Bet on The CW Paying Off For the Network’s Parents

Fortified by superheroes, The CW has never looked more durable. Rather than just providing potential shelf space for programming created by its parent companies CBS and Warner Bros., The CW seems to be forging a stronger identity with stations and advertisers.

After a shaky start, The CW’s financial footing solidified when CBS and Warner Bros. did streaming deals in 2011 worth nearly $1 billion over four years, monetizing the network’s programming and more than covering the owners’ costs. This season’s strong launches of The Flash and Jane the Virgin gives CBS and Warner Bros. additional reasons to be supportive.

“The CW stepped out of the shadow of the larger broadcast networks this year with two of the best new series of the season,” CBS Corp. president and CEO Leslie Moonves said in a statement. “This is a network that has broadened its audience, redefined its programming voice and continues to provide a valuable affiliation brand to its stations. And for CBS, it’s been a great place to supply shows that grow into profitable content assets.”

“The CW has broadened its audience base and brought value with franchises such as Arrow and, now, The Flash,” Kevin Tsujihara, Warner Bros. chairman/CEO, said in a separate statement. “Their strong multiplatform numbers and social media presence reflect their leadership in the young demographic space, a coveted audience for marketers in any economic climate.”

Will the Netflix deals get renewed or will The CW start a streaming service like CBS and HBO? Stay tuned.

Meanwhile, questions remain about The CW’s future structure. In a research note, analyst Rich Greenfield recently wondered why Warner Bros. parent Time Warner still owns the network. “How important is The CW to Time Warner? Given the challenges facing broadcast television networks, why not seek to monetize your 50% stake in The CW? We suspect Tribune would love to gain access to The CW, as they control so many CW affiliates but have no network-level ownership.”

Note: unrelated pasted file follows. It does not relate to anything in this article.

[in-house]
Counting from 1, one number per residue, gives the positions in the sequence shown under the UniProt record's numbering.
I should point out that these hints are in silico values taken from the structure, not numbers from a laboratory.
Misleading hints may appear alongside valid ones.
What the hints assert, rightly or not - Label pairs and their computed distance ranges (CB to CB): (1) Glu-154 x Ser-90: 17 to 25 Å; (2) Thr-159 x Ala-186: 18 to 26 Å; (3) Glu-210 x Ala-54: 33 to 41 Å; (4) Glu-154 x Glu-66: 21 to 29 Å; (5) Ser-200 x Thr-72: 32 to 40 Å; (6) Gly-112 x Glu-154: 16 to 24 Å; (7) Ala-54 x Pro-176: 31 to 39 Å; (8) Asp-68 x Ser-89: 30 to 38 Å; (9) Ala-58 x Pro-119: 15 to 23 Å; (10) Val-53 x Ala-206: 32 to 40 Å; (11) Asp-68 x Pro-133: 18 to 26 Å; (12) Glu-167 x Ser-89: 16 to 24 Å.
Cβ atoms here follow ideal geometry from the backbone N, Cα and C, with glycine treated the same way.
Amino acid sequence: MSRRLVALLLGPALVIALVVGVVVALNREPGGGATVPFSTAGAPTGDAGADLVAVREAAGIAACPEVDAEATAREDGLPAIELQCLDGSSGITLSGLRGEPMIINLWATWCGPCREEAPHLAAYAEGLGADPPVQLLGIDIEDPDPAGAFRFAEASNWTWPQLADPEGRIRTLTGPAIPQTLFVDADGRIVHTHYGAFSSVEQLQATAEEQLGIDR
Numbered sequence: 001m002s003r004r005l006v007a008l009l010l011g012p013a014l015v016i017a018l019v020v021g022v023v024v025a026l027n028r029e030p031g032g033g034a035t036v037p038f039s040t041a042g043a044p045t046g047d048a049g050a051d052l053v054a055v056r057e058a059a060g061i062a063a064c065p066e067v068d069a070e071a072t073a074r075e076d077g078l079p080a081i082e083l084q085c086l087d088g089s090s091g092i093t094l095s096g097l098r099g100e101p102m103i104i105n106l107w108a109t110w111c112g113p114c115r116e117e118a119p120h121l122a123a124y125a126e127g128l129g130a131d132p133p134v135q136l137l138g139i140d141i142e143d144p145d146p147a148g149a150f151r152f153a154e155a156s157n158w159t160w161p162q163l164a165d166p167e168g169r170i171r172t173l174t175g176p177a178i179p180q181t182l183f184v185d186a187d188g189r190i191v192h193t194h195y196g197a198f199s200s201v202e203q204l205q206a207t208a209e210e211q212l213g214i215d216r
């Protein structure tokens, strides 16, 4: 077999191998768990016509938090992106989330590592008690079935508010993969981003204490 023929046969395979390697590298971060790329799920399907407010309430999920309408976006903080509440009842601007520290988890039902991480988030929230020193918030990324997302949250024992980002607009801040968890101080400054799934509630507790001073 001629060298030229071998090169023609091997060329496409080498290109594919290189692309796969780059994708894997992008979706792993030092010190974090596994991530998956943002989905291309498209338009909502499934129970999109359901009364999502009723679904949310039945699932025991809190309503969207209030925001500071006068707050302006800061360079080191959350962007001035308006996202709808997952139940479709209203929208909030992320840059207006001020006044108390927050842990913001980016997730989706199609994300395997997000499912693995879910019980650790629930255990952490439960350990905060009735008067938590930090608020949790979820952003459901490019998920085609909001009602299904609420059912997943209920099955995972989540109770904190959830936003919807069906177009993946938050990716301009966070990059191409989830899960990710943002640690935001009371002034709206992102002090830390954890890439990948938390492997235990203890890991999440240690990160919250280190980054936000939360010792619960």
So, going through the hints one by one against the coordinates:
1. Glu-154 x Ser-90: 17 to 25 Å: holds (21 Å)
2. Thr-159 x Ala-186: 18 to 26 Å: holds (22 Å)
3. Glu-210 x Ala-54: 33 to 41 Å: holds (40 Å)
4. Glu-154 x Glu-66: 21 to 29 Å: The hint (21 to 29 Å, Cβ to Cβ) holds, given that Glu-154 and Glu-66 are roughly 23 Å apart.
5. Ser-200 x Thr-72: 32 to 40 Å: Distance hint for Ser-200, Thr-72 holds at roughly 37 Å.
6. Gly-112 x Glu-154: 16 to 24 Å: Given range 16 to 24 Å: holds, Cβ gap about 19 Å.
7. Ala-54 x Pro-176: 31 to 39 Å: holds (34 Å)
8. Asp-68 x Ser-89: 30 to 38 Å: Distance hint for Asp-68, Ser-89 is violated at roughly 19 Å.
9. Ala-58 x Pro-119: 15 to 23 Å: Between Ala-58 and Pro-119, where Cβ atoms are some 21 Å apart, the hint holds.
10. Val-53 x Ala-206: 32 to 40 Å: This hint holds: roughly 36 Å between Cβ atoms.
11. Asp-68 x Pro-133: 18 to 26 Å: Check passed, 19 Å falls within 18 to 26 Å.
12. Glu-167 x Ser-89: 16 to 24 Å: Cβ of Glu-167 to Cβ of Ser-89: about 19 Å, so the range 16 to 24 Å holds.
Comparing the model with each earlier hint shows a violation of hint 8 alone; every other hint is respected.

It was not long ago that Tribune CEO Peter Liguori, who has his own track record as a programmer, was agitating for more say in how The CW was run. “He would like to participate. He has some good ideas. He’s part of our team. Will there be some change in how The CW is structured going forward? I don’t know,” Moonves said during a recent earnings call.

But now, Liguori and Tribune are supportive of the network.

“We are very encouraged by the recent uptick in The CW ratings and the positive critical response to the new primetime lineup,” Liguori said in a statement. “In particular, [CW CEO Mark Pedowitz] has put in place a programming strategy that will help the network appeal to a wider, more inclusive audience, which is important for our stations across the country. We were glad to support the launch of the new shows through editorial and promotional initiatives, and we look forward to more continued collaboration to build upon this momentum.”


Having hot new shows is good for the ad business. After a strong start, The CW gave full-season pickups to The Flash and Jane the Virgin, making Rob Tuck’s job as executive VP for ad sales that much easier.

“This is definitely the strongest crop of new series in one fall season we’ve had, and the new shows are appealing to advertisers,” Tuck says. As a result, he says his phone is ringing with buyers seeking spots at the last minute. “I wouldn’t say it was just The Flash and Jane. It is really the whole schedule,” he adds.

The CW is trying to broaden its audience from a focus on young women, and that’s attracting advertisers in new categories, Tuck says. Quick-serve restaurants are way up and financial services business is coming in as well, he notes.

Buyers generally like how The CW is doing. “These days in television, we’re always looking for a bright spot, and the performance of these two new shows on The CW are bright spots,” says Catherine Warburton, Assembly chief investment officer.

“Having shows that people are talking about is always good. This puts them on the map,” says Billie Gold, Carat VP for programming research. But Gold notes that while The CW is up substantially with men, it’s drawing fewer female viewers, a potential problem for some current advertisers. “I’m sure they all want more spots in The Flash, but usually you’re not buying one show, you’re buying an entire network,” she says.

The CW’s ratings have always been smaller than the Big Four’s, but with fragmentation across the board, its audience is attractive, says Warburton, especially since the net was a pioneer in selling digital viewing along with its TV ratings, boosting its audience. “To us it doesn’t matter if it’s a phone, a computer, a tablet or a TV set. Our advertisers want to reach the audience and be in that environment,” she says.

Jon Lafayette

Jon has been business editor of Broadcasting+Cable since 2010. He focuses on revenue-generating activities, including advertising and distribution, as well as executive intrigue and merger and acquisition activity. Just about any story is fair game, if a dollar sign can make its way into the article. Before B+C, Jon covered the industry for TVWeek, Cable World, Electronic Media, Advertising Age and The New York Post. A native New Yorker, Jon is hiding in plain sight in the suburbs of Chicago.